Also provided are at least one, and preferably two magnetic ballasts carried in the housing to energize the lamp or lamps, which are typically fluorescent. Two such ballasts are shown, one indicated at 26 within the hollow interiors 27 of the housing sections at the intermediate portion 11 e of the housing, and the other indicated at 28 within the hollow interiors 29 of the housing sections and inwardly of the rearward grip portion 11 d of the housing for ease of handling. One ballast is shown as electrically connected to one lamp associated with one holder or clip 23; and the other ballast is shown as electrically connected to the other lamp associated with the other holder or clip 23. See wiring at 26 a and at 27 a. Each lamp is typically U-shaped, or H-shaped to assemble to holder or holders 20 and 22. This enables power supply to both lamps, and if one ballast fails to operate for any reason, the other ballast remains operative to supply power to its associated lamp.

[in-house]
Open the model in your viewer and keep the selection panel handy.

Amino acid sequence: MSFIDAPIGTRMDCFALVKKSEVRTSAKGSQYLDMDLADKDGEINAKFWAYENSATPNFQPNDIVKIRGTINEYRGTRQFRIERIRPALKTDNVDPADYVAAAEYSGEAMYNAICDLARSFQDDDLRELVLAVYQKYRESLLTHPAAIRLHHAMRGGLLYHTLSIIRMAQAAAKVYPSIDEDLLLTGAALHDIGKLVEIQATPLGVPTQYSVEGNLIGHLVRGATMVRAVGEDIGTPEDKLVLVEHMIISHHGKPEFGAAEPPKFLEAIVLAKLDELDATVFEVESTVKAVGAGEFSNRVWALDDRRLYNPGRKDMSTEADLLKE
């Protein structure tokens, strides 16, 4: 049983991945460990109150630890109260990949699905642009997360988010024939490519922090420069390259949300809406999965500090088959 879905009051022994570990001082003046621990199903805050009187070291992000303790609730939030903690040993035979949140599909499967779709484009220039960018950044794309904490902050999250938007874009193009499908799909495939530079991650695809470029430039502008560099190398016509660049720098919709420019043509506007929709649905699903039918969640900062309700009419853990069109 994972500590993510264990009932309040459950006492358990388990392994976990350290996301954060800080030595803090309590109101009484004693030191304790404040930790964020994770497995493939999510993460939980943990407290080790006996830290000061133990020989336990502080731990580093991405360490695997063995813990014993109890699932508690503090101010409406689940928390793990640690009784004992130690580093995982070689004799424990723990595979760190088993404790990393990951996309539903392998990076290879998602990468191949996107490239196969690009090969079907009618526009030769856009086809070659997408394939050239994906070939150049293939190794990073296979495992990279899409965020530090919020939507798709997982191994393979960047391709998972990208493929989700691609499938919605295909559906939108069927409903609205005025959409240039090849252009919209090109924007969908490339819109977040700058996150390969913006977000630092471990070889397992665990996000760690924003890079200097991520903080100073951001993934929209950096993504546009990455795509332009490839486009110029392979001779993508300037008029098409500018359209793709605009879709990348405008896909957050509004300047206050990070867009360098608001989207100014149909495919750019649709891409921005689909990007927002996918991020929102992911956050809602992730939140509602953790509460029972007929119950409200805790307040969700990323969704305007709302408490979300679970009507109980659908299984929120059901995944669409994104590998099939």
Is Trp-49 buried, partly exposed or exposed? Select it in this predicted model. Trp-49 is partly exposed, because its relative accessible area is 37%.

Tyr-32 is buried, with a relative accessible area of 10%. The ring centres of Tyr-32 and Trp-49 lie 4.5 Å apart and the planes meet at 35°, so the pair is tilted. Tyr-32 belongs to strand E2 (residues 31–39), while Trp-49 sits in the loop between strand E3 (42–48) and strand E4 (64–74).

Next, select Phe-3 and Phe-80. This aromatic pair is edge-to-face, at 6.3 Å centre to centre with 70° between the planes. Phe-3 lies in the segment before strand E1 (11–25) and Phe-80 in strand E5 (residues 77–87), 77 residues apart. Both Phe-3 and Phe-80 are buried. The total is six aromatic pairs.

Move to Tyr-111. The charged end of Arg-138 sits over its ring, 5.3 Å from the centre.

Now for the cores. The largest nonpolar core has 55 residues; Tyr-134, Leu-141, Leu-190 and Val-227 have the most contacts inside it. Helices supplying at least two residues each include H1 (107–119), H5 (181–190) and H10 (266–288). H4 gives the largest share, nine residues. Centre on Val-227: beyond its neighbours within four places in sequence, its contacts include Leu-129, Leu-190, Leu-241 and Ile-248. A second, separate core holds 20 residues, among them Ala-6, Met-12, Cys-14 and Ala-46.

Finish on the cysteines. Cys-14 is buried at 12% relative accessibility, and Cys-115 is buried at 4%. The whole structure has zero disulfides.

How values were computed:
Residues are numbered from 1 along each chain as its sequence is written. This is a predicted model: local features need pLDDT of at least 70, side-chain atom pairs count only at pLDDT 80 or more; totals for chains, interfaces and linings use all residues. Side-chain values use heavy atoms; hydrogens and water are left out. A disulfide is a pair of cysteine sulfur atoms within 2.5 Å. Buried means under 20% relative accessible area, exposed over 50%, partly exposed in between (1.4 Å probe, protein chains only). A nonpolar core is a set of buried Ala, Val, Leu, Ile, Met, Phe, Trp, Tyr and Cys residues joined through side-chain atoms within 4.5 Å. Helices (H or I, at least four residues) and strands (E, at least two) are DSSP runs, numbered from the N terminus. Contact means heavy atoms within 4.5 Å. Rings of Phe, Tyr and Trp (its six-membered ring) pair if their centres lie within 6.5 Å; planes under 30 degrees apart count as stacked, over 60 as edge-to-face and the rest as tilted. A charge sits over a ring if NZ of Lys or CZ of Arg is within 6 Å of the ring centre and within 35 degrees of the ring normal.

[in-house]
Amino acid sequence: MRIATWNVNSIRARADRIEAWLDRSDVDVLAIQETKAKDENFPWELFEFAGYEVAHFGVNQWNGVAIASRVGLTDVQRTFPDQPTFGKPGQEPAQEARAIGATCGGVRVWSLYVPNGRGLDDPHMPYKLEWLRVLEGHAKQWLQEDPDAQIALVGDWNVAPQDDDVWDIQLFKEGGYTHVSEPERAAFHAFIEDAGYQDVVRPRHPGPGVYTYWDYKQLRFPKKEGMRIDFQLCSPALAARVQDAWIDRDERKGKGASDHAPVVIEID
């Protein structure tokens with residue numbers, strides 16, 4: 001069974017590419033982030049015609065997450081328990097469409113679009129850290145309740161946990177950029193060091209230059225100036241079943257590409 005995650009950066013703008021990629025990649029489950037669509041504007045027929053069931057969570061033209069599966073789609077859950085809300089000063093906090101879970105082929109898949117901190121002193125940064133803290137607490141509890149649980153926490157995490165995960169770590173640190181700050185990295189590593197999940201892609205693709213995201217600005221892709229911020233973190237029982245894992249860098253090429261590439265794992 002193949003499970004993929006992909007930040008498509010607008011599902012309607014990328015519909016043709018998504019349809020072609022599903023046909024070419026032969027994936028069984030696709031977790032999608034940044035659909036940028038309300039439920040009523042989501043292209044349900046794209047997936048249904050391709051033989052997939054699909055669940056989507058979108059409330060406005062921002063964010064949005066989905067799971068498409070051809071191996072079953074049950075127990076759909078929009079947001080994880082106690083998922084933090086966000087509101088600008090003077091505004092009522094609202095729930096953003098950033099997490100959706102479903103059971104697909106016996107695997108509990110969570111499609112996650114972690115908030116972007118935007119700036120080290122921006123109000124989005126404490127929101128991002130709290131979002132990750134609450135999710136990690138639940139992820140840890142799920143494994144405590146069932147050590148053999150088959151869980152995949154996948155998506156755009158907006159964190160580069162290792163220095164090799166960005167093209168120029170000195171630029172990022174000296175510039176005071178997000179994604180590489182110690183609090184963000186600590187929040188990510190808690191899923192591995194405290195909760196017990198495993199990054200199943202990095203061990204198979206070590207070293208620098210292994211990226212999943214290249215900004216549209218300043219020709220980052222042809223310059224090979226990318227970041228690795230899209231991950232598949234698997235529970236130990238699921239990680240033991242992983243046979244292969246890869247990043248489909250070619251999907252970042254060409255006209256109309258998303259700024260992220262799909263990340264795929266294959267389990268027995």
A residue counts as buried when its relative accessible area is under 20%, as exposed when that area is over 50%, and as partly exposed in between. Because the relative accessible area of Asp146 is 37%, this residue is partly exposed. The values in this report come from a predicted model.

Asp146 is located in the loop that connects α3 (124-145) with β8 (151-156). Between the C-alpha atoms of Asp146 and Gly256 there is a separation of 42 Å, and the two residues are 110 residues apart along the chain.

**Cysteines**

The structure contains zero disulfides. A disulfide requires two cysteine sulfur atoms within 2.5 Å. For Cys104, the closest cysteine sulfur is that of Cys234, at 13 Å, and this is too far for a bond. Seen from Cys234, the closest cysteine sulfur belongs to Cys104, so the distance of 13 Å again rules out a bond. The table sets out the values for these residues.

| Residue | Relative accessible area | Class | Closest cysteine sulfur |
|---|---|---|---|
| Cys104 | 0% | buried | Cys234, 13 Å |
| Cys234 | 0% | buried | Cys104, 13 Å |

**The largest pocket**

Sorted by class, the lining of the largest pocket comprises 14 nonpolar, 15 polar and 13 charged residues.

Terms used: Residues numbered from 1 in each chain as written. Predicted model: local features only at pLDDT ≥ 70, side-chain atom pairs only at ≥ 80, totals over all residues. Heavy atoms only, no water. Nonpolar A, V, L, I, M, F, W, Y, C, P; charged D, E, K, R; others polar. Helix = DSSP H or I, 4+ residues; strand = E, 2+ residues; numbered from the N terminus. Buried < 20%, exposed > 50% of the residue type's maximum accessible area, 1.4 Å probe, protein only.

An ON-OFF switch 30 in series with an AC power supply line 31 controls ON-OFF power supply to the two ballasts. The cable or cord for line 31 is shown as connecting at 34 to the end 35 of the grip portion 1 d of the housing. An auxiliary power receptacle 36 is also provided at the housing end 35 to supply power from line 31 to a plug that may be inserted into receptacle 36, as for power supply to another similar illumination device, if desired, or to other equipment. A hook 40 is carried at the forward end of the device to hang or support the device, from other structure, as at a work place.